9 Features of a Perfect Picture Book

The picture book is one of the earliest influential forms of visual learning for children. It turns them into better learners and triggers their imagination. Pictorial learning and storytelling date back to the cave paintings. To simply explain it, a picture book is the artistic form of text which tells a unique story for the young readers.

Where the process of making pictorial representation was limited to paintings and drawings, it has been evolved into digital illustrations and more. This contributed significantly to producing creative illustrations and books in less time as it was before.

An iconic character such as Winnie the Pooh, Curious George, a very hungry caterpillar and more has cemented themselves in the minds of the little scholars and illustrations is what brought them to life. Parents and teachers alike use the illustrations as a primary tool to herald children’s imagination. 

Today illustrators and writers sit together to produce something that can work up the imagination of the young minds and evoke the love for classic art and literature. There are many companies such as the Eden Bancroft Productions, Kindle direct publishing and more are making sure to work up various forms of books for the young readers so they can enjoy their childhood with the imaginative books.

To make sure your books are the best, described below are some features that make a picture book perfect to be placed at the top shelf.

1. Colourful illustrations, vivid and full of movement

A successful picture book is the one that can surprise the reader with the art presented on the page—whether it describes the humour through the images or use a different perspective to describe an action, or more. You need to make sure that your illustrator can deliver your message through the art on the page and engage the readers with the word on the page.

2. Identifiable characters in the story

Characters are the key feature that makes a story loveable. Kids engage with the storybook to see other kids or the characters of the book accomplish something impossible for a little kid to think. It may be because of the behaviour of the imaginative kid or something that can educate them. The picture book must be able to tell the children that they may be small but can accomplish big things if they need to.

3. Humour

Funny picture book gives a unique new look to something old. Take the example of Betsy Lewin’s “Duck for president” where the protagonist climbs up the ranks of the government—and the protagonist as described by the name of the story was a duck. It had a fun, perhaps impossible element in it, featuring an unlikely, but child-friendly character as a candidate suitable for the presidency.

4. Giving a universal appeal

A fantastic example of universal appeal can be taken of Jane O’Connor’s Fancy Nancy, where she has taken a universal factor that most girls love to do and turned the book into something sparkly and fabulous. The illustrator has done a great job and has taken the reader up to the next level. The character, i.e. Nancy, wants to be fabulous externally, but on the other end, she just wants to be accepted as a fabulous person and wants to play dress-up with her family.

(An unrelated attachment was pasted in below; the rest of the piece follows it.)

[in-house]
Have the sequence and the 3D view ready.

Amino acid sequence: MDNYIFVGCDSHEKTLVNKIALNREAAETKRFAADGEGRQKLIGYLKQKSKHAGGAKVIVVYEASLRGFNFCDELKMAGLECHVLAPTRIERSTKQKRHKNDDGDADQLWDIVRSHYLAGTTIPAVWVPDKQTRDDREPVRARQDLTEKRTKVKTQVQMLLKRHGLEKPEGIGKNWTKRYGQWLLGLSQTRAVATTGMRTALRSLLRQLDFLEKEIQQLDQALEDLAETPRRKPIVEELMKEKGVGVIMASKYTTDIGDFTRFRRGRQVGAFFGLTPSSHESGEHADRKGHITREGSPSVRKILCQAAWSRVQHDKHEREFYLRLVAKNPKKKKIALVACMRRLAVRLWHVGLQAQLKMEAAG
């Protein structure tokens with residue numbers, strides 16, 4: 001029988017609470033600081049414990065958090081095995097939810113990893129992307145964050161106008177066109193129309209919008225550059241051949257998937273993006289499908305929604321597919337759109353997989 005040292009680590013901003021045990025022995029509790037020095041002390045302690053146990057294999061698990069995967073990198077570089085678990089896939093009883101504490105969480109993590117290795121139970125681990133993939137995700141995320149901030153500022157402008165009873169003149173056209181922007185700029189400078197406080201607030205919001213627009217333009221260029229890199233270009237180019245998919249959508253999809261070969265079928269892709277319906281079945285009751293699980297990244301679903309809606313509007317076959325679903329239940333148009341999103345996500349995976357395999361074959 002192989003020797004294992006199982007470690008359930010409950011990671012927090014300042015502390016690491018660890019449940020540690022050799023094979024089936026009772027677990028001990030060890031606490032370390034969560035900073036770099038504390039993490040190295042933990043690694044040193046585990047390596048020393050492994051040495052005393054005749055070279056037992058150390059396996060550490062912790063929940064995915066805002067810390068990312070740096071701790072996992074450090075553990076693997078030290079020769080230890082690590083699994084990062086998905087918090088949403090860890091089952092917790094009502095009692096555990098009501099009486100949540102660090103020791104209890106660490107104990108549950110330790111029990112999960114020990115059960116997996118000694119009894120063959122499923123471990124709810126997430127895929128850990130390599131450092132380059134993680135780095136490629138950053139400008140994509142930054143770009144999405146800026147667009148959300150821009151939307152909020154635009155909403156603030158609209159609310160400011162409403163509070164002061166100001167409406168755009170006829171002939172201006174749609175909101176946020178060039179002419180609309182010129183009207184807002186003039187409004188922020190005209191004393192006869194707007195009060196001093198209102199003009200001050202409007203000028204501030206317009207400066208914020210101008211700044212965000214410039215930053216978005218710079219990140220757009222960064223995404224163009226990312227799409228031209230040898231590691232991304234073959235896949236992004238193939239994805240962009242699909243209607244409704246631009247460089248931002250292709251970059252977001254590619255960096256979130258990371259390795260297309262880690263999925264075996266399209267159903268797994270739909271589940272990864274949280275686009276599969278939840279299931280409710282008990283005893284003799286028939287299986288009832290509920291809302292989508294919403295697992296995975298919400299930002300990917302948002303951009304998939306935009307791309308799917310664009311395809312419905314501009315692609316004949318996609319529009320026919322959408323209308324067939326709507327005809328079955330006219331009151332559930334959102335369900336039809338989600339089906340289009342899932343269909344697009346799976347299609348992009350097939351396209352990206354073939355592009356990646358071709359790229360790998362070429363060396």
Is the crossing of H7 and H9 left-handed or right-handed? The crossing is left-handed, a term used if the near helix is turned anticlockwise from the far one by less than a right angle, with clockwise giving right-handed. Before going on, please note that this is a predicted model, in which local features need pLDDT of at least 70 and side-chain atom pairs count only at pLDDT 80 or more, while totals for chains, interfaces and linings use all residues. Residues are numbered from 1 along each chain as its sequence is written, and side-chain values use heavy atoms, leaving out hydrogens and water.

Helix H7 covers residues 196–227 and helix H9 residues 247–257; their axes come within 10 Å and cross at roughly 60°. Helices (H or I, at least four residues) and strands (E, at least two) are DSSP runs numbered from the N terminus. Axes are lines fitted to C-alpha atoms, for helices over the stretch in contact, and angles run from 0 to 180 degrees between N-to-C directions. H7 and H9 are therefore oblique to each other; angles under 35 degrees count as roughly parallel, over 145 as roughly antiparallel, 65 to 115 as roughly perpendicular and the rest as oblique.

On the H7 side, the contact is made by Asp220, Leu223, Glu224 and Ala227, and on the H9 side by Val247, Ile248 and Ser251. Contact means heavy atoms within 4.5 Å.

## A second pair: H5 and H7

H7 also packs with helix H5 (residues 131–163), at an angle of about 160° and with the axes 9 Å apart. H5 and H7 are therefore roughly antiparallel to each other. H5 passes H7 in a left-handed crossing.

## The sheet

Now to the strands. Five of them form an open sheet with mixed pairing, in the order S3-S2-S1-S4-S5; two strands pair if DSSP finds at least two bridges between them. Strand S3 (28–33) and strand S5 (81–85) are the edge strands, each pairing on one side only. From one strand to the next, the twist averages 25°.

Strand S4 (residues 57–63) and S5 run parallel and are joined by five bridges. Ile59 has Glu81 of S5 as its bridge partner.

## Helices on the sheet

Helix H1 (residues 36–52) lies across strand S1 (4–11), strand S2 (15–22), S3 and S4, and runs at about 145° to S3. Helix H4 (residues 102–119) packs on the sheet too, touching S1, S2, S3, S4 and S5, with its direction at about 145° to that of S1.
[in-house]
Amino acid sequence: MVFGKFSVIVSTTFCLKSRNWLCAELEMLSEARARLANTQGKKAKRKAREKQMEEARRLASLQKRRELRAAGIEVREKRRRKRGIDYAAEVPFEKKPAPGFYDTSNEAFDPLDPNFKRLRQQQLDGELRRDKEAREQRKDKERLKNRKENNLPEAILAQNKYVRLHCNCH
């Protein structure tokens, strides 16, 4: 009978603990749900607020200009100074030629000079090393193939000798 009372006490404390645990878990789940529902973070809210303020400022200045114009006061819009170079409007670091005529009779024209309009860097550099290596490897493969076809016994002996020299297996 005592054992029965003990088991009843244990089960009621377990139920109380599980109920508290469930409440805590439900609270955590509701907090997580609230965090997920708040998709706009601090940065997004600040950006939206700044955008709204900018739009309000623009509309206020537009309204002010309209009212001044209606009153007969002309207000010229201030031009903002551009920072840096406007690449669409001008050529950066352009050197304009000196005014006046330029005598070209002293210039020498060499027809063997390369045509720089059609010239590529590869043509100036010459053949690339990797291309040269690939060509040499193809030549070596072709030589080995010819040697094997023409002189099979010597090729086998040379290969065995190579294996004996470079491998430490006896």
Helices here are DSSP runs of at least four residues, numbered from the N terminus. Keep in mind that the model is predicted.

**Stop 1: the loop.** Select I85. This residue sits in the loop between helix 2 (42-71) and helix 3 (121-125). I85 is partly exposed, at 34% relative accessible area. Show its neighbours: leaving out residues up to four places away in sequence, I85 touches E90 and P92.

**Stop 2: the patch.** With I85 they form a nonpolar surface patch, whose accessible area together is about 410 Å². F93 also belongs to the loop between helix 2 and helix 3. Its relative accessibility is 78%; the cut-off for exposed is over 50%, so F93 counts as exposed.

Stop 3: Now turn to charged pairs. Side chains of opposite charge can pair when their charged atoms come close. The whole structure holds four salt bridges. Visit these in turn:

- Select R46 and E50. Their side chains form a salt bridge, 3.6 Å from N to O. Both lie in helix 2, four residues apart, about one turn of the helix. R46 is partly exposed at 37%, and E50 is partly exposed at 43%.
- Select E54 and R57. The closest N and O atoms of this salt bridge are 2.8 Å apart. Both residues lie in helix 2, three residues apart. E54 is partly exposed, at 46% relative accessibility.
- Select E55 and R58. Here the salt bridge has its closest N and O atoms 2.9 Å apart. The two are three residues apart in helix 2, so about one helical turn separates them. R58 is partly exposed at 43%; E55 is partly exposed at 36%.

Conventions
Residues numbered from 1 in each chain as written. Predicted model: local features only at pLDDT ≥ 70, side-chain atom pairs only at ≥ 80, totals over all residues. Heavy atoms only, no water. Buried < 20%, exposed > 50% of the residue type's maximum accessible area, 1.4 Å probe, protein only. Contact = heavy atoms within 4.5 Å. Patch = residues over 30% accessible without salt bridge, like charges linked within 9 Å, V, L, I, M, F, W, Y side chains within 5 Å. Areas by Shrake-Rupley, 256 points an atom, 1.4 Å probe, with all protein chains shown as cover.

5. Delivering a strong concept

A picture book is the best way to visually appeal the young minds, shaping them to be better in their future. It needs to be layered with emotional and meaningful problems together so it can effectively and actively deliver the true purpose of the book. In other words, the art in the book is given an additional purpose to evoke emotions and not just as a showcase of rendering texts.

6. Repetition in the text

Some books are successful because of their refrained sentences, which enables young learners to use what they know about the spoken language to understand the written words. The rhythm of the repetitive sentences invites the children to participate in reading actively and make meaning as they can understand the text. It becomes a familiar sequence of the sentences which engages the readers and encourages them to make sense.

7. The rhyming text is a necessity

The natural flow of the rhyme makes the book or text interesting to be read. It advances the plot, captivating the mind of the readers to the concept. Some rhyming stories work better in poetic form than being written in prose. For example, if you have written a story about a musician playing jazz, you need to make sure that the rhyme imitates the rhythm of the music to the readers.

8. Interactivity

Interactive books make readers interact with the story. It may be pop-up books, gamebooks or colouring books, or simply involves the reader’s participation in reading the story. An example can be “there’s a monster at the end of the book” by Jon stone appeals the reader to not to turn the page.

9. Re-readability

Picture books are meant for children to read by their parents. Making it interesting and readable makes the children want to read the book over and over again. Being an illustrator and writer, you need to make sure that the book is visually interesting for the readers by making it refrain, rhythmic or play words which makes them at least three to four reading to understand what’s in the story. It doesn’t have to be difficult, just interesting enough to open the plot.

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